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By ALEXIS SKAGGS
At 9, he was all I could think about. At 11, he was my first love. At 17, he was gone. Although Lex was not a person, he was more than just a horse.
He was my best friend, my partner in crime and my protector. With him, I was invincible. From our first day together, even on the rocky days, Lexis taught me many lessons. Most importantly, he showed me the purest form of love.
One windy, overcast winter day, when I was in the fifth grade, my parents and I arrived at a quaint red barn. Inside, we were welcomed by the soft padding of hooves on sawdust and a soft whinny from the refined black head that arose from the far stall on the right. When we left, that little Arabian was all I chattered about. I had to have him.
Weeks later, on Christmas Day, I opened the presents under the tree, but what I wanted most was not there. Nor was it discussed. Later that morning, my father received a call asking him to assist a holiday traveler — nothing out of the ordinary — but within minutes of his return, Dad called Mom and me to help him “unload something.”
The parcel he brought made me the happiest girl in history. Standing on the driveway was my best friend. As I cried and blubbered with joy, the gelding observed my every move. I wholeheartedly believe he needed me, as much as I needed him.
Good days and bad days — we all have them — but when a half ton animal does not want to do something, issues can arise rapidly. Most days, Lex would do everything I asked. Other days, his cooperation required an enormous amount of convincing. On good days, we were on fire: clearing fences, smoking patterns, you name it, we did it. Throughout, Lex was totally unshakable.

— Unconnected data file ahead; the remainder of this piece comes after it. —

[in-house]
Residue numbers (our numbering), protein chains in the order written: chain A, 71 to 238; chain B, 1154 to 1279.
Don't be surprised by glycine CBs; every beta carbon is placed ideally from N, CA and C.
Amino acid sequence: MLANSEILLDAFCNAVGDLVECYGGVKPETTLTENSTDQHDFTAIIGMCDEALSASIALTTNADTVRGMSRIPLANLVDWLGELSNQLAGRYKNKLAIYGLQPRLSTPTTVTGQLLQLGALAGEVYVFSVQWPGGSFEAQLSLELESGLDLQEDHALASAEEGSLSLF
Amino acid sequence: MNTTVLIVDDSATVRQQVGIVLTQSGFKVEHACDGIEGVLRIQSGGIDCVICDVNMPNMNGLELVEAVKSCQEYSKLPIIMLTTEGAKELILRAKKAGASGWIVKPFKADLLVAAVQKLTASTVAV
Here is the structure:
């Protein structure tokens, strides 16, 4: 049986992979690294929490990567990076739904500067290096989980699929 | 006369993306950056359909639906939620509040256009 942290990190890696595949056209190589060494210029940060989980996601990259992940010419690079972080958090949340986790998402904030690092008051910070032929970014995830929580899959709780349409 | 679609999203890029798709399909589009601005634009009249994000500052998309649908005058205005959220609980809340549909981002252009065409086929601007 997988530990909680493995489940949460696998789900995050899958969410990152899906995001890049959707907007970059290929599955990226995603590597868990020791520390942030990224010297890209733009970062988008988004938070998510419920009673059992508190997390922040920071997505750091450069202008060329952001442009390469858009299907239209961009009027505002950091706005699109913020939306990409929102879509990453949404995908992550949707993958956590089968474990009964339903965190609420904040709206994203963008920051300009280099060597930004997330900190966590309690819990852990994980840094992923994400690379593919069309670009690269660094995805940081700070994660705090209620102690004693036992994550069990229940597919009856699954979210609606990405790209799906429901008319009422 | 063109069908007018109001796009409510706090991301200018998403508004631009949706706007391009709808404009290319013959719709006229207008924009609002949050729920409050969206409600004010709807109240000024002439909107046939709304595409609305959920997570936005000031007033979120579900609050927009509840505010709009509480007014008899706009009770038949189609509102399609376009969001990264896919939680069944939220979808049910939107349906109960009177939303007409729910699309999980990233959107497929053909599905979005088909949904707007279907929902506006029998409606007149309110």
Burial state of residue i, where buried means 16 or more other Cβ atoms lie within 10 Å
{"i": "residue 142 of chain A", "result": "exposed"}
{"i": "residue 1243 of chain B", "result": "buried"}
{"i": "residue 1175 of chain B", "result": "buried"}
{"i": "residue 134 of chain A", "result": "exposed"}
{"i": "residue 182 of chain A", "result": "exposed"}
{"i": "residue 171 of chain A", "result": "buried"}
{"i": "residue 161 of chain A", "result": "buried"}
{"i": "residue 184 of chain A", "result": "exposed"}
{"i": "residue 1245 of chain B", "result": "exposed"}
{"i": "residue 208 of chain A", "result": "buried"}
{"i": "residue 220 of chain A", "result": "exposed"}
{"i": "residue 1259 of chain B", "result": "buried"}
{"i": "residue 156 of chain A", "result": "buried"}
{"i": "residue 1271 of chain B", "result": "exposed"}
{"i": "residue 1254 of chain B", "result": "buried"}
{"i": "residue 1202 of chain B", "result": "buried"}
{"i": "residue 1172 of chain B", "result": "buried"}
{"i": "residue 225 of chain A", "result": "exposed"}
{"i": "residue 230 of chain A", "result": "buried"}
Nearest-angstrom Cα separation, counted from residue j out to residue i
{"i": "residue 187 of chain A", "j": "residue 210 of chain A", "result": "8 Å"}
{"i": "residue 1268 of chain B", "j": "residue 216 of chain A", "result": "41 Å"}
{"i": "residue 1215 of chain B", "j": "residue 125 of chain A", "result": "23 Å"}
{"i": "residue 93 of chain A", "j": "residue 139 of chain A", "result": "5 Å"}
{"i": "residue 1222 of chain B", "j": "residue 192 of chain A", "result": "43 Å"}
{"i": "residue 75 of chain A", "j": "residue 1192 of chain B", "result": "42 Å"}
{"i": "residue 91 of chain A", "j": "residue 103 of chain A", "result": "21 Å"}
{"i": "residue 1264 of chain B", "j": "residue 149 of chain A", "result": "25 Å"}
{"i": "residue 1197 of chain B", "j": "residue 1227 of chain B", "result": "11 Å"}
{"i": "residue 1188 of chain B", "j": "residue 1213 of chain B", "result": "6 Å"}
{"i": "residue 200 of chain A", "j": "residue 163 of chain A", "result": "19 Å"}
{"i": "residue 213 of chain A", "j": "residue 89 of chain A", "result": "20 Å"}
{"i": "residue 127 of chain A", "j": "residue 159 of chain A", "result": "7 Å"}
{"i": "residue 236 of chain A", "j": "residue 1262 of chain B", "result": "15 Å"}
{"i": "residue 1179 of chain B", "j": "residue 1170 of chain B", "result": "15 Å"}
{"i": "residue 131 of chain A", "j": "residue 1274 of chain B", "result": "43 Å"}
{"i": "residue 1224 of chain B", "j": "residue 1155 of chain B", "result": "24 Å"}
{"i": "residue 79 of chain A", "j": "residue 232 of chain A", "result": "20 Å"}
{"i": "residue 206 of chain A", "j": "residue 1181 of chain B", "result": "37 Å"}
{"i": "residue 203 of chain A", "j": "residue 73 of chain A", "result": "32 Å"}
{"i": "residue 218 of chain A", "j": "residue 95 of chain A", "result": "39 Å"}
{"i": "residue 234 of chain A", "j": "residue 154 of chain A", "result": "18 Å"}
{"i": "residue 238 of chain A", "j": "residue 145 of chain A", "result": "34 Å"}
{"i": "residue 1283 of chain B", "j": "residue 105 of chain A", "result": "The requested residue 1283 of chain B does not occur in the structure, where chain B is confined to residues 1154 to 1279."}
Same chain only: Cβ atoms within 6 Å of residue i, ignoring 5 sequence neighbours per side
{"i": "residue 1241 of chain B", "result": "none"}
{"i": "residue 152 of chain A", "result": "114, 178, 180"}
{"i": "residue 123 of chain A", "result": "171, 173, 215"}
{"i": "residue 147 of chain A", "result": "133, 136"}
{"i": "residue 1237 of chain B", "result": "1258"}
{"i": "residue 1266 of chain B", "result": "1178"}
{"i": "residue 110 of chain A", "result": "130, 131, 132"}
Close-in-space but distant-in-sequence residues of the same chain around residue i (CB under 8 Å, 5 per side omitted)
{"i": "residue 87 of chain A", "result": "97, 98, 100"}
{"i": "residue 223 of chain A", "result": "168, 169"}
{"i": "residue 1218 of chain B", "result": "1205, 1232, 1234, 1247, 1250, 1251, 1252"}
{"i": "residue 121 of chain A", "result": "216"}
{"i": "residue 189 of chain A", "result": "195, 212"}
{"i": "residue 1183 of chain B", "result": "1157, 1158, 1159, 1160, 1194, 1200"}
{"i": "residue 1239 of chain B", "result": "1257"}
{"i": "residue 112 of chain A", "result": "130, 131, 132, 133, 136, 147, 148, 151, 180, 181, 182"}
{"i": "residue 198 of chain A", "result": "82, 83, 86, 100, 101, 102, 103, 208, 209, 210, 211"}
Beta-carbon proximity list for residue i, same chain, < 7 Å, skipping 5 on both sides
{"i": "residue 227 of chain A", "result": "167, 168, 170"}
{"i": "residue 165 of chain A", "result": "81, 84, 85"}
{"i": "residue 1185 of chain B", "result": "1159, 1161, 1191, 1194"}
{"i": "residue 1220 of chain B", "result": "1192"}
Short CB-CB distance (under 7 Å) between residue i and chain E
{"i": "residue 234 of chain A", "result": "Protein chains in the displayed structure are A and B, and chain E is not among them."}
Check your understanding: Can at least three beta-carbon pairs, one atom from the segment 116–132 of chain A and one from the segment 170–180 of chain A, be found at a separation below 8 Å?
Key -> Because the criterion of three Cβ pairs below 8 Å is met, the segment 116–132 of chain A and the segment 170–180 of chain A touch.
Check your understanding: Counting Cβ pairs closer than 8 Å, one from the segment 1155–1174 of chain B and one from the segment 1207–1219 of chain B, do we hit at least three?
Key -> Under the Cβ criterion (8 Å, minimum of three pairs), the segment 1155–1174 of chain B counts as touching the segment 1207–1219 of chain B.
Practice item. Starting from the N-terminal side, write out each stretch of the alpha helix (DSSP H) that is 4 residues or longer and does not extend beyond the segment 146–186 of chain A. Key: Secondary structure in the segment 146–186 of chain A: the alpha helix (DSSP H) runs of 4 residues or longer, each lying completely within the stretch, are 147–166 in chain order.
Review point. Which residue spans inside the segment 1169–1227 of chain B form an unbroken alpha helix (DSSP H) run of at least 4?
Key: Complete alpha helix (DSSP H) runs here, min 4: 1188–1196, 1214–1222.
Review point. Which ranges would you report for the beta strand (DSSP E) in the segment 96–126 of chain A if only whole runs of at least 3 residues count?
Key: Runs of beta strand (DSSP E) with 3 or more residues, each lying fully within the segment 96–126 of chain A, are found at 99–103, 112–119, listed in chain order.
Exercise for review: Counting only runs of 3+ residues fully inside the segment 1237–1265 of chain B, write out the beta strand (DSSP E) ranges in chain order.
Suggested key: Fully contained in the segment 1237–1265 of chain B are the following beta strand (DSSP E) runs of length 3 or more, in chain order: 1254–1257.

He taught me patience, perseverance and, now, how to keep my faith even when life gets hard. Lex never let me down, even when he faltered. Occasionally, our spills cost me some soreness, and once, a stint in an emergency room. Yet through these mishaps, our bond grew even tighter, proving to onlookers and myself that man and beast could indeed become one.
The night was hovering into Friday the 13th when my best friend lay down and went to sleep — with no farewell, no struggle, no outward expression of pain. My pain, however, was immense. Growing up on a farm, I had learned that the daily routine quickly rights itself. Losing a calf in the first hour or day after its birth is a somber experience, but normalcy quickly returns, for example. However, nothing in the world could have prepared me for the loss of my friend.
Losing my counterpart has been unfathomably difficult, but a supernatural blanket of comfort has embraced me since that April night. As days pass, the pasture grows knee-high and the dirt on the grave merges with it. Yet, the memories of the joyous seven-year bond of a girl and her horse remain fresh and precious.
I may no longer be invincible, but I am resilient.
Alexis Skaggs is a senior at John Hardin High School.